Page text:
Like any home improvement project, you’ll want to ensure that the professional you select is up to the task and has the proper certification and insurance. Follow this process to ensure you’re finding the best professional roofer for your budget:

  • Do your homework on fixing your roof: Before consulting any professional, you should be able to discuss the issues we’ve surveyed in this article so far. While you may not know everything about roofing, you should know enough to know whether your professional is informed.
  • Craft a budget: You should have a budget prepared before you consult a professional. Even though you haven’t yet received an estimate, you’ll want to have a rough idea of how much you want to spend. Costs will range from a couple hundred dollars for small projects to a few thousand dollars for total replacements.
  • Receive estimates from at least 3 roofing professionals: Using a site like BuildZoom or your own network, you should have multiple professionals inspect your roof and give you an estimate. This will help you find the best deal, although someone who bids far lower than other professionals may be in over his or her head.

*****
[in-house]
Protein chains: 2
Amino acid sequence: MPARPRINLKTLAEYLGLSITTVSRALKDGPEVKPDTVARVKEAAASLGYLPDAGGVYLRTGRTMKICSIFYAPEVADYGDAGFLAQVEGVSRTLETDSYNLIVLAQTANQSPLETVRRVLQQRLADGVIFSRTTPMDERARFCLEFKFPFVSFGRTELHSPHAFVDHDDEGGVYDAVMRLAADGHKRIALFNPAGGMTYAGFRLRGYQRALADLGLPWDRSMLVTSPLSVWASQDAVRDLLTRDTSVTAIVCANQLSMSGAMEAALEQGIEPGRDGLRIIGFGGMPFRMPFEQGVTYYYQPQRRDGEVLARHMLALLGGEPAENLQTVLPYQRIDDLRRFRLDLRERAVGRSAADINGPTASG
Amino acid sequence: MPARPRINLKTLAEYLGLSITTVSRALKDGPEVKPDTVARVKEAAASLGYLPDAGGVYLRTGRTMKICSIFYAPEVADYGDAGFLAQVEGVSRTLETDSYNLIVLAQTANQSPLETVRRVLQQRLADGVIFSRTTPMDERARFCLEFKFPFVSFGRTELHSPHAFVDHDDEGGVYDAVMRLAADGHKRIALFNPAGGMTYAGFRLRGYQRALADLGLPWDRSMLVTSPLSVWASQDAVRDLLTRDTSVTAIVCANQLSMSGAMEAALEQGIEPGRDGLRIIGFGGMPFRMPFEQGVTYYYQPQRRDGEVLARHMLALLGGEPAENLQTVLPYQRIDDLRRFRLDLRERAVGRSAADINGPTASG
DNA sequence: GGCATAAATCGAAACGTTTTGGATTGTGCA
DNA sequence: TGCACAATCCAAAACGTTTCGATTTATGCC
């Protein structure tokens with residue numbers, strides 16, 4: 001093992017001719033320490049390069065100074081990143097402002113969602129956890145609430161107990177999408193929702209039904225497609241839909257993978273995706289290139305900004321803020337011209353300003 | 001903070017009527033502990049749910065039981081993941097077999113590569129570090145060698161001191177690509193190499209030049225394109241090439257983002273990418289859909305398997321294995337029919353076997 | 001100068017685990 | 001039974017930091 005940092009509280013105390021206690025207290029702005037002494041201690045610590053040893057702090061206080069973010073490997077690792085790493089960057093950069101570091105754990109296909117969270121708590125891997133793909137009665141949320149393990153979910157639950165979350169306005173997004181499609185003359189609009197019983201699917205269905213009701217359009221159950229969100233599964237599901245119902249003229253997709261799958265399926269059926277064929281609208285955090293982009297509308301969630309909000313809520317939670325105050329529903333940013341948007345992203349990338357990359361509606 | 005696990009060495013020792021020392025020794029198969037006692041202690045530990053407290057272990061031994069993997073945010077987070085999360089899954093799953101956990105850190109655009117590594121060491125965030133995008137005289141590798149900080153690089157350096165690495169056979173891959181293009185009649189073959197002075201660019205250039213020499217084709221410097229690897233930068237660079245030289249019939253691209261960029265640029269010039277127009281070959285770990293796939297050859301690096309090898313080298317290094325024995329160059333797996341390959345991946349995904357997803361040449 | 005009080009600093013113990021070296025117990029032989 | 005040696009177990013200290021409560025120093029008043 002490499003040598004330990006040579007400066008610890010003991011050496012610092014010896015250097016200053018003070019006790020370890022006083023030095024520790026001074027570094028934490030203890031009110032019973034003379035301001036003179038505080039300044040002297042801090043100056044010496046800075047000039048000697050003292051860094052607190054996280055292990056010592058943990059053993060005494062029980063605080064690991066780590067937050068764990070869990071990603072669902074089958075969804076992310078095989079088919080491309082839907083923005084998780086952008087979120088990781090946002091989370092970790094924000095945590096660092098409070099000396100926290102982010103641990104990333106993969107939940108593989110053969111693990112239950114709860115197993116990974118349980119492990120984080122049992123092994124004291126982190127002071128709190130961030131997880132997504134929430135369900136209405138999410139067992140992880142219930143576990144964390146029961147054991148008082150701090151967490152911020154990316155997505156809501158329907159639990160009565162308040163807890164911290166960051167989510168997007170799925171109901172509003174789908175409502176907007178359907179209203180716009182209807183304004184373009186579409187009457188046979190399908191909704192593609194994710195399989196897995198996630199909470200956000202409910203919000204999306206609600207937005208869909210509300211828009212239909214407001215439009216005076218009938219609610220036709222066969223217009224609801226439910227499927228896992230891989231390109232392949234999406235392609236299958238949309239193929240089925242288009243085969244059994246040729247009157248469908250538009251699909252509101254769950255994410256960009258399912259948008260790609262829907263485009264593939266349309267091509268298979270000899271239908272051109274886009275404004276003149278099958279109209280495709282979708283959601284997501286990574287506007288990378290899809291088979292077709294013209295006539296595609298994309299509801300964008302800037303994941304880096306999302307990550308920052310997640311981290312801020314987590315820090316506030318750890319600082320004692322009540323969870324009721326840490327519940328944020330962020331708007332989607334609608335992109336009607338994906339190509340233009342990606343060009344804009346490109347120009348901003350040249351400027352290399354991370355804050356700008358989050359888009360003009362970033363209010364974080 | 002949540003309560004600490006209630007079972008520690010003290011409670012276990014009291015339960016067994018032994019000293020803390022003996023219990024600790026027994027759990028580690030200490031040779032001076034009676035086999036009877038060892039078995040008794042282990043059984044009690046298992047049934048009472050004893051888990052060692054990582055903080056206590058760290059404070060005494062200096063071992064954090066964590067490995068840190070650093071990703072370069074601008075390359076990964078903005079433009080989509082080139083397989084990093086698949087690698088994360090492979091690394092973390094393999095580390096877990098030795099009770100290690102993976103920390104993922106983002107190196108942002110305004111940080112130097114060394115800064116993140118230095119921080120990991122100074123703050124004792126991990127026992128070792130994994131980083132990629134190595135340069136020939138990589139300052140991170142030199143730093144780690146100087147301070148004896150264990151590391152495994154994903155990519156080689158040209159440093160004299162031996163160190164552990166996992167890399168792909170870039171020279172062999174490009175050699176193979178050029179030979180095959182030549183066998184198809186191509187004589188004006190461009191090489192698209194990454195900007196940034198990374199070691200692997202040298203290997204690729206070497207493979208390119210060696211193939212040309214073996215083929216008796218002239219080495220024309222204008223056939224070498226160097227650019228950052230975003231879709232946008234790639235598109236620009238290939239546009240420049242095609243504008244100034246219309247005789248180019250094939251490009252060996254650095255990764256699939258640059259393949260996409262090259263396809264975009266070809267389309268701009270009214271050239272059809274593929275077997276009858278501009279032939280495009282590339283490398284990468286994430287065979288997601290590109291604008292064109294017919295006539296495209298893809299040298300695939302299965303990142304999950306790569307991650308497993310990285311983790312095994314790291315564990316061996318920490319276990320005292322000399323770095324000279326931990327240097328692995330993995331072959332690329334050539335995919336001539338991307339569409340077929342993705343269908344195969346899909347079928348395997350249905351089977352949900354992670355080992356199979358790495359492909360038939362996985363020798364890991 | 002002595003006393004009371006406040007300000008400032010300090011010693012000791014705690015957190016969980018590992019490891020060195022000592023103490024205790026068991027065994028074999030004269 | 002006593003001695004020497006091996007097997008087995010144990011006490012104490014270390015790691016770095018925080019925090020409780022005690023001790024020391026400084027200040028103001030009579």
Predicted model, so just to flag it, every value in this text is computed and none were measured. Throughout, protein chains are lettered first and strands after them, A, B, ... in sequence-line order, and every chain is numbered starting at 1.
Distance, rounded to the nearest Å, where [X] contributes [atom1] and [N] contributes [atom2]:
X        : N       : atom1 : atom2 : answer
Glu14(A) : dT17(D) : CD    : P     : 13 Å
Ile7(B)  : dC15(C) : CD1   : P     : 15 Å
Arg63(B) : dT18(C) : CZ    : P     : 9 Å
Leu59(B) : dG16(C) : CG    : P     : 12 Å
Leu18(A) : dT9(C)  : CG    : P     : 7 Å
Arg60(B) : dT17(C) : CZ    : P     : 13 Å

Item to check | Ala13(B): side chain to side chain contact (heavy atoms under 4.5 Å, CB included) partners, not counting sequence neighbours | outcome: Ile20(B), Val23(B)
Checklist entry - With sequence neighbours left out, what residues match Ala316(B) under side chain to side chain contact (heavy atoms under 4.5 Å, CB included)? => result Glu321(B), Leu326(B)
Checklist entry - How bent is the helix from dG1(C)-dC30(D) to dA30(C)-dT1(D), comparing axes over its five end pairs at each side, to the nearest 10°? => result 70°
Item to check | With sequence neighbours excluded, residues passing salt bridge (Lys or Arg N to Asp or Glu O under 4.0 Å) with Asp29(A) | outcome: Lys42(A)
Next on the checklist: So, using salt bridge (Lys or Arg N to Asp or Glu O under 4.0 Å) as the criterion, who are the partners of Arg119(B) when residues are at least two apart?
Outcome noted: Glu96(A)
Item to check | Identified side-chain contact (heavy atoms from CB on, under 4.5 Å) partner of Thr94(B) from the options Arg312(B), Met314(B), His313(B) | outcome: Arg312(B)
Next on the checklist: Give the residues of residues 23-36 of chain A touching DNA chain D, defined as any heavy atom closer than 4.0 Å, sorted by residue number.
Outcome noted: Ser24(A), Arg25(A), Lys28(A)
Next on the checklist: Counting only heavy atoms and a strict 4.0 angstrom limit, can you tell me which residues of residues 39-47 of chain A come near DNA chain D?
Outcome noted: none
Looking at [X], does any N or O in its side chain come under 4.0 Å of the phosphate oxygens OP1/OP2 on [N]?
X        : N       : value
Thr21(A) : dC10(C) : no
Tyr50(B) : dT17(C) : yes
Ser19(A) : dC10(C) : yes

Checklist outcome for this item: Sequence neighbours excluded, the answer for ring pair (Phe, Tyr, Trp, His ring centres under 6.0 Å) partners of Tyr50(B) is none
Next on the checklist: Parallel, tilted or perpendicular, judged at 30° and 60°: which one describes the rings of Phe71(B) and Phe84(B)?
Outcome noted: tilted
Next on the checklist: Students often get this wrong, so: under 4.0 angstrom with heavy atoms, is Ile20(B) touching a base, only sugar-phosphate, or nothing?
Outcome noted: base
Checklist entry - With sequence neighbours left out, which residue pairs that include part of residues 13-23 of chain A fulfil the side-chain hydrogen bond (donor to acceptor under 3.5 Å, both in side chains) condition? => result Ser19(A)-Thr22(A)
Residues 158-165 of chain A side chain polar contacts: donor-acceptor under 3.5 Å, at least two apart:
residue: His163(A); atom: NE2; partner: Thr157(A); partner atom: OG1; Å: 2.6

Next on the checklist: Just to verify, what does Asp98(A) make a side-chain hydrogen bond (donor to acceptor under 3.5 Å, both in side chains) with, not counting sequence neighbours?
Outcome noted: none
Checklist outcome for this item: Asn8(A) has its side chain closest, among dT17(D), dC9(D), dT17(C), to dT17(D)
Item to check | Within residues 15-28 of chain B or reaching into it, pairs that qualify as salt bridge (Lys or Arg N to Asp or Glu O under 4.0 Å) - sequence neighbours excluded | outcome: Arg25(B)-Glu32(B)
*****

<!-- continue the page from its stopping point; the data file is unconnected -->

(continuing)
• Verify insurance and licensing: Check with your state that your roofing contractor has a proper license. Ask the professional for proof of general liability and worker’s compensation insurance, then call his or her insurance company to confirm.
  • Clearly spell out terms in the contract: Force yourself and your professional to put as much in writing as possible. A lot can go wrong during a roofing project, and your contract should clearly establish which problems your contractor would have to address without charging you more money.
  • Don’t pay for the project at once: Give a down payment–typically around 10%– and pay the rest in installments. This will incentivize your contractor to finish in a timely manner without cutting corners.

Paying for your mobile home’s roof repair

Your homeowners insurance likely won’t cover roof repairs caused from maintenance issues or wear and tear–which means you likely have to pay out of pocket.